Uptake of noninvasive prenatal testing (NIPT) in women following positive aneuploidy screening

Authors


  • Funding sources: None
  • Conflicts of interest: Dr. Norton is a co-principal investigator on clinical trial NCT0145167, sponsored by Ariosa Diagnostics.

ABSTRACT

Objective

The aim of this study was to investigate how the introduction of noninvasive prenatal testing (NIPT) impacted women's testing choices following a positive prenatal screening (PNS) result.

Methods

Beginning in March 2012, women referred to our Prenatal Diagnosis Center following a positive PNS result were offered NIPT or invasive prenatal diagnosis. Rates of invasive testing and declining follow-up were compared with testing decisions the prior year. Differences were compared using t-test and chi-square. Multivariable logistic regression was performed to identify predictors of test choice.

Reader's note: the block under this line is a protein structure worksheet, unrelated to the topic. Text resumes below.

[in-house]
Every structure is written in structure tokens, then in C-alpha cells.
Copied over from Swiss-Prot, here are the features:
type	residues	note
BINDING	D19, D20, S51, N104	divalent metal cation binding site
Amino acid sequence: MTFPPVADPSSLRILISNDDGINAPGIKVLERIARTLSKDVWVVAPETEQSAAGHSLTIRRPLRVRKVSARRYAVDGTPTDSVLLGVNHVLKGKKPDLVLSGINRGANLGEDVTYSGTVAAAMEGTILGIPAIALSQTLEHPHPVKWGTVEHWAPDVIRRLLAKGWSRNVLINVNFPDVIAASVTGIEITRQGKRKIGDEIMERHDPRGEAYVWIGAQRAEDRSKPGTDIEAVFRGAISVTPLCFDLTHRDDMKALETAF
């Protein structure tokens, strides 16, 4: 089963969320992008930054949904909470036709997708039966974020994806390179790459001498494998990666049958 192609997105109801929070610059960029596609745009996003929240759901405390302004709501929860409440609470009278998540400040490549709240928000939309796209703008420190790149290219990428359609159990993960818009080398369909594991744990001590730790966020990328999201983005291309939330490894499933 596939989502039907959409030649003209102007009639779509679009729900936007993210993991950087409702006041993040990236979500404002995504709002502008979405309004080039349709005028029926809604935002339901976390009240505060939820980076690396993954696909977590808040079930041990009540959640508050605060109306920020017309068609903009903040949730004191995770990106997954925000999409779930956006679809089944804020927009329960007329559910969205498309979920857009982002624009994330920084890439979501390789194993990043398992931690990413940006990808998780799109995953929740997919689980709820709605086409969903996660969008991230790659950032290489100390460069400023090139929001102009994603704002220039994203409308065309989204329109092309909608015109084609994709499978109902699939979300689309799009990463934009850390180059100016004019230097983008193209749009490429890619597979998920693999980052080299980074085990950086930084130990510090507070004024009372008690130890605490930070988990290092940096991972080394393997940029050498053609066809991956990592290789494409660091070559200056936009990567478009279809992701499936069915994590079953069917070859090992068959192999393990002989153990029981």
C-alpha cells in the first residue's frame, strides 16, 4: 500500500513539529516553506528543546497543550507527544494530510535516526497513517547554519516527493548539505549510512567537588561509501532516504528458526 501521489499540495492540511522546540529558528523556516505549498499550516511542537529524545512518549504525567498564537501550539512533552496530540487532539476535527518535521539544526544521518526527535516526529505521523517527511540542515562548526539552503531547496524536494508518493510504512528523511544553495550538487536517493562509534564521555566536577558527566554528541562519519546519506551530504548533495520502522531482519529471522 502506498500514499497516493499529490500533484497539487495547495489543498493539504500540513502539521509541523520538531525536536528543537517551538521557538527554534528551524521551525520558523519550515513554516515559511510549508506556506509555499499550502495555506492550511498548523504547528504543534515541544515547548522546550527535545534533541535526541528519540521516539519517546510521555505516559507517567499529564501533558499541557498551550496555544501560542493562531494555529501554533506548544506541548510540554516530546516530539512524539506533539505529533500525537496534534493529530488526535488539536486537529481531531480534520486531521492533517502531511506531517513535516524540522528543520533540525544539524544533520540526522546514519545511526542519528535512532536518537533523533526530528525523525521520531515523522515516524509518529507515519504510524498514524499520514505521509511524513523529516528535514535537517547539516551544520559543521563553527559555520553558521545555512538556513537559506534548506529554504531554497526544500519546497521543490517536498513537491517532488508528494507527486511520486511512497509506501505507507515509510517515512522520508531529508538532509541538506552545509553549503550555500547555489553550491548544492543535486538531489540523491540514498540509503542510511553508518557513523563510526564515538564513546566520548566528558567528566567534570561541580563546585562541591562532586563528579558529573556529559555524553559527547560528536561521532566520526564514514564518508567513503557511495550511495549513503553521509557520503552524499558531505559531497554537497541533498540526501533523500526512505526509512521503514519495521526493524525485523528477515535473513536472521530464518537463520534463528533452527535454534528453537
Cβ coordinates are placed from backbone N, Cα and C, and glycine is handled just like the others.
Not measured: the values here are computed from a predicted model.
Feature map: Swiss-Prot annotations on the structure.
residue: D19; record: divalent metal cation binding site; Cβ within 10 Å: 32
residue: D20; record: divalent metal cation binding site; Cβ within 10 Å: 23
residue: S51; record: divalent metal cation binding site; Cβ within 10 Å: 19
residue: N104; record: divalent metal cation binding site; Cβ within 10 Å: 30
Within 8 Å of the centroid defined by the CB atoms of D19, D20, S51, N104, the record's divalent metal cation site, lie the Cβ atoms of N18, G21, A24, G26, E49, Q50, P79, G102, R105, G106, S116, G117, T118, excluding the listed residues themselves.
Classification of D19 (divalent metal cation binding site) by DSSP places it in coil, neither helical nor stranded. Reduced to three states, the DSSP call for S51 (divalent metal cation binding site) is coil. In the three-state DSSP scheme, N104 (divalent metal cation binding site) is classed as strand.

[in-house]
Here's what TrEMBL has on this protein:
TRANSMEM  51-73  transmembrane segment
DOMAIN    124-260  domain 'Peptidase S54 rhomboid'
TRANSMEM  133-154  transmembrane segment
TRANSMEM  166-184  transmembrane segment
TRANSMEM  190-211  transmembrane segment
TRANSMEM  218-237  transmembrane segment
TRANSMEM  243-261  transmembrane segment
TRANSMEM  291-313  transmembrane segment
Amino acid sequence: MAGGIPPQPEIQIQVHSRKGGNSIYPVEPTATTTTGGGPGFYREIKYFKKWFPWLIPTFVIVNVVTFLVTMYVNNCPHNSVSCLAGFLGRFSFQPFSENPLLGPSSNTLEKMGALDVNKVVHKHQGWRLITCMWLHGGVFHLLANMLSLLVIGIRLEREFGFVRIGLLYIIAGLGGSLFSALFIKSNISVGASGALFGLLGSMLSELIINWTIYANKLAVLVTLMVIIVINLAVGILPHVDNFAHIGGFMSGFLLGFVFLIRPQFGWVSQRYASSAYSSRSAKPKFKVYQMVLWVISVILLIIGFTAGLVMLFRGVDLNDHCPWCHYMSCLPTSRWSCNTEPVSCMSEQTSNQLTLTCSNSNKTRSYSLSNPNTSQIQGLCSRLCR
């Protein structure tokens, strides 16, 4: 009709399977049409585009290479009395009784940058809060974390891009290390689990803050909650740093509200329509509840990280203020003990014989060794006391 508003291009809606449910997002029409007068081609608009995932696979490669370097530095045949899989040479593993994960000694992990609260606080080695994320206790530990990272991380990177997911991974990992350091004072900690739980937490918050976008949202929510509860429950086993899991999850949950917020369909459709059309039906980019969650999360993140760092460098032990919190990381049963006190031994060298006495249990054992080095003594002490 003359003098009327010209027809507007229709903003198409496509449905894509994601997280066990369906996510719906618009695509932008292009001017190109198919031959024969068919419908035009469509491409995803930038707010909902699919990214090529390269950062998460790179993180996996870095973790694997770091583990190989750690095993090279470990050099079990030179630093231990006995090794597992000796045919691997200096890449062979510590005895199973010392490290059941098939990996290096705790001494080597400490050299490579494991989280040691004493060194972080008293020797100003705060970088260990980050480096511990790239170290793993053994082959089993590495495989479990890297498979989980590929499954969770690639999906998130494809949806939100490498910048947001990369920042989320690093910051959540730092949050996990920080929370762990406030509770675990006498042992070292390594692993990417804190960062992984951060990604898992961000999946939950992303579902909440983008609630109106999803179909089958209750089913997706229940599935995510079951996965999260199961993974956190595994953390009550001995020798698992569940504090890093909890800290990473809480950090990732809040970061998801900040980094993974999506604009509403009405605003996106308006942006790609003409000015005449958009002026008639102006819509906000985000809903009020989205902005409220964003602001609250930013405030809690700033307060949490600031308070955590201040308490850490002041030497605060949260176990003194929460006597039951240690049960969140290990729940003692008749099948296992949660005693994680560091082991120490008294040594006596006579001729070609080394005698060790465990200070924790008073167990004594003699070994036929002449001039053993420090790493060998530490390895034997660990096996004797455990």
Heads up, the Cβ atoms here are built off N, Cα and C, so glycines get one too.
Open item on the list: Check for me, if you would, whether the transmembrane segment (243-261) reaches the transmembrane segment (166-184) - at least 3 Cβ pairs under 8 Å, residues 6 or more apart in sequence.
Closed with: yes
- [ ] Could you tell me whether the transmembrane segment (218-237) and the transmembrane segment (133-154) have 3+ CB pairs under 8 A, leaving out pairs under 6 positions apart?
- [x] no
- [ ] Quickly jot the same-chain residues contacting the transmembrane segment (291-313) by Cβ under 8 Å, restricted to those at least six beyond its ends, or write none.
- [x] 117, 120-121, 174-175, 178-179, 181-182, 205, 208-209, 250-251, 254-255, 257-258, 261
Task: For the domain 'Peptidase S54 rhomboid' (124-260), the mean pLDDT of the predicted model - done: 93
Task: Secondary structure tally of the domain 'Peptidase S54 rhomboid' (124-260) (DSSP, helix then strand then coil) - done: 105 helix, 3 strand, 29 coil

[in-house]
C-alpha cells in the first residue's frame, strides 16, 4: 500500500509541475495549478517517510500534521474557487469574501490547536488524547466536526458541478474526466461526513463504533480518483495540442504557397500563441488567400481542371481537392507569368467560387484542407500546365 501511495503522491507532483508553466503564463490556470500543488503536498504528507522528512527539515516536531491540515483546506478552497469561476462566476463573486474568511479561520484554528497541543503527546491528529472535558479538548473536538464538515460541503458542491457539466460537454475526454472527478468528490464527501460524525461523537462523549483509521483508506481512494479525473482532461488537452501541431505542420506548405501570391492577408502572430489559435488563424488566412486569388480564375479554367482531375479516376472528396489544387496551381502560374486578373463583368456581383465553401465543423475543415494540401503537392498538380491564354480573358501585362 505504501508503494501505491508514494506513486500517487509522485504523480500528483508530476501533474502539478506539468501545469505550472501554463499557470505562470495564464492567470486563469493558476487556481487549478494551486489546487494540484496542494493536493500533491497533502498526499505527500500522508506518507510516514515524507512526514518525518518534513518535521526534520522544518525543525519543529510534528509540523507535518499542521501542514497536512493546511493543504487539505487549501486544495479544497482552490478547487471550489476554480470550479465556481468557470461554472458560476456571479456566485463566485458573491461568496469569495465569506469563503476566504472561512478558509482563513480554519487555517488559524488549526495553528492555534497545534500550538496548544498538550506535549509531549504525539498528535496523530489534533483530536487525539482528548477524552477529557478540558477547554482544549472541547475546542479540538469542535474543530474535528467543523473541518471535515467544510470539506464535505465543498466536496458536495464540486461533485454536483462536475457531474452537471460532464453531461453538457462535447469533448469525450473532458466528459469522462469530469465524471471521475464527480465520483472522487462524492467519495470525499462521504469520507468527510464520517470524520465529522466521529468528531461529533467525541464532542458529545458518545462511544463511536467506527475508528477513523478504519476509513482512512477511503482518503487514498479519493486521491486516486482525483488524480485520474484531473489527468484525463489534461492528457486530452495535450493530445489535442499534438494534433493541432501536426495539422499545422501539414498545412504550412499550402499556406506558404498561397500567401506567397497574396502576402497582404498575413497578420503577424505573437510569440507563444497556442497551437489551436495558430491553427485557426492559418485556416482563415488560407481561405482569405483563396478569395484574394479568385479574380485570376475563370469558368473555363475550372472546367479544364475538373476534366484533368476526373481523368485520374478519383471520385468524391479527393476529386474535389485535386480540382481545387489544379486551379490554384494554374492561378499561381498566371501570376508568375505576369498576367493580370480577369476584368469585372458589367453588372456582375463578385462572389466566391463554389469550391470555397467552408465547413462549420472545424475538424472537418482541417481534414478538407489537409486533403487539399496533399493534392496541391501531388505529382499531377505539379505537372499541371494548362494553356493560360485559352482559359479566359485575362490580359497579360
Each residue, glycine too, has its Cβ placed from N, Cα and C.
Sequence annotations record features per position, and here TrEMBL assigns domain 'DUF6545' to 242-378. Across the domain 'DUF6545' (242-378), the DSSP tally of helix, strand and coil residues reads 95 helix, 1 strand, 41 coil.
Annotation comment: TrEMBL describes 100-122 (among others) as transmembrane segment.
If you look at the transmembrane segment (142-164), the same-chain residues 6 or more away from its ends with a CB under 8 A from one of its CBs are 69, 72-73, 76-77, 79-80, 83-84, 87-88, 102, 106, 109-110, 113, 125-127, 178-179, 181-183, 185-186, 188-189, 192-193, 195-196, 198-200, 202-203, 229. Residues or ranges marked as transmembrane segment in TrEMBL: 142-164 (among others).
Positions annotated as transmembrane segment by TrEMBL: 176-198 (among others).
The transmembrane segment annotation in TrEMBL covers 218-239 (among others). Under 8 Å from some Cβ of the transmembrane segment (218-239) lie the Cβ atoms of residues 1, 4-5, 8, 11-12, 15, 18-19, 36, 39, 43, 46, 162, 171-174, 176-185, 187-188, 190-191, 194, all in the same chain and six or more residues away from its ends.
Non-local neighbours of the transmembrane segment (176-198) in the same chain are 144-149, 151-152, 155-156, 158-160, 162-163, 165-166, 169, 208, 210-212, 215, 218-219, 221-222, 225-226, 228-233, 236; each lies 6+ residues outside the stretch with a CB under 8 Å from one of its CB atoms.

Results

Between March 2012 and February 2013, 398 screen positive women were seen: 156 (39.2%) underwent invasive testing, 157 (39.4%) had NIPT and 84 (21.1%) declined further testing. In the prior year, 638 screen positive patients were seen: 301 (47.2%) had invasive testing and 337 (52.8%) declined. The rate of invasive testing declined significantly (p = 0.012). Moreover, fewer women declined follow-up testing after introduction of NIPT, 21.2% versus 52.8%, p ≤ 0.001. Race/ethnicity and timing of results (first versus second trimester) were predictors of testing choices; payer and maternal age were not.

Conclusion

The introduction of NIPT resulted in a significant decrease in invasive diagnostic testing. Additionally, fewer women declined further testing when NIPT was available. © 2013 John Wiley & Sons, Ltd.

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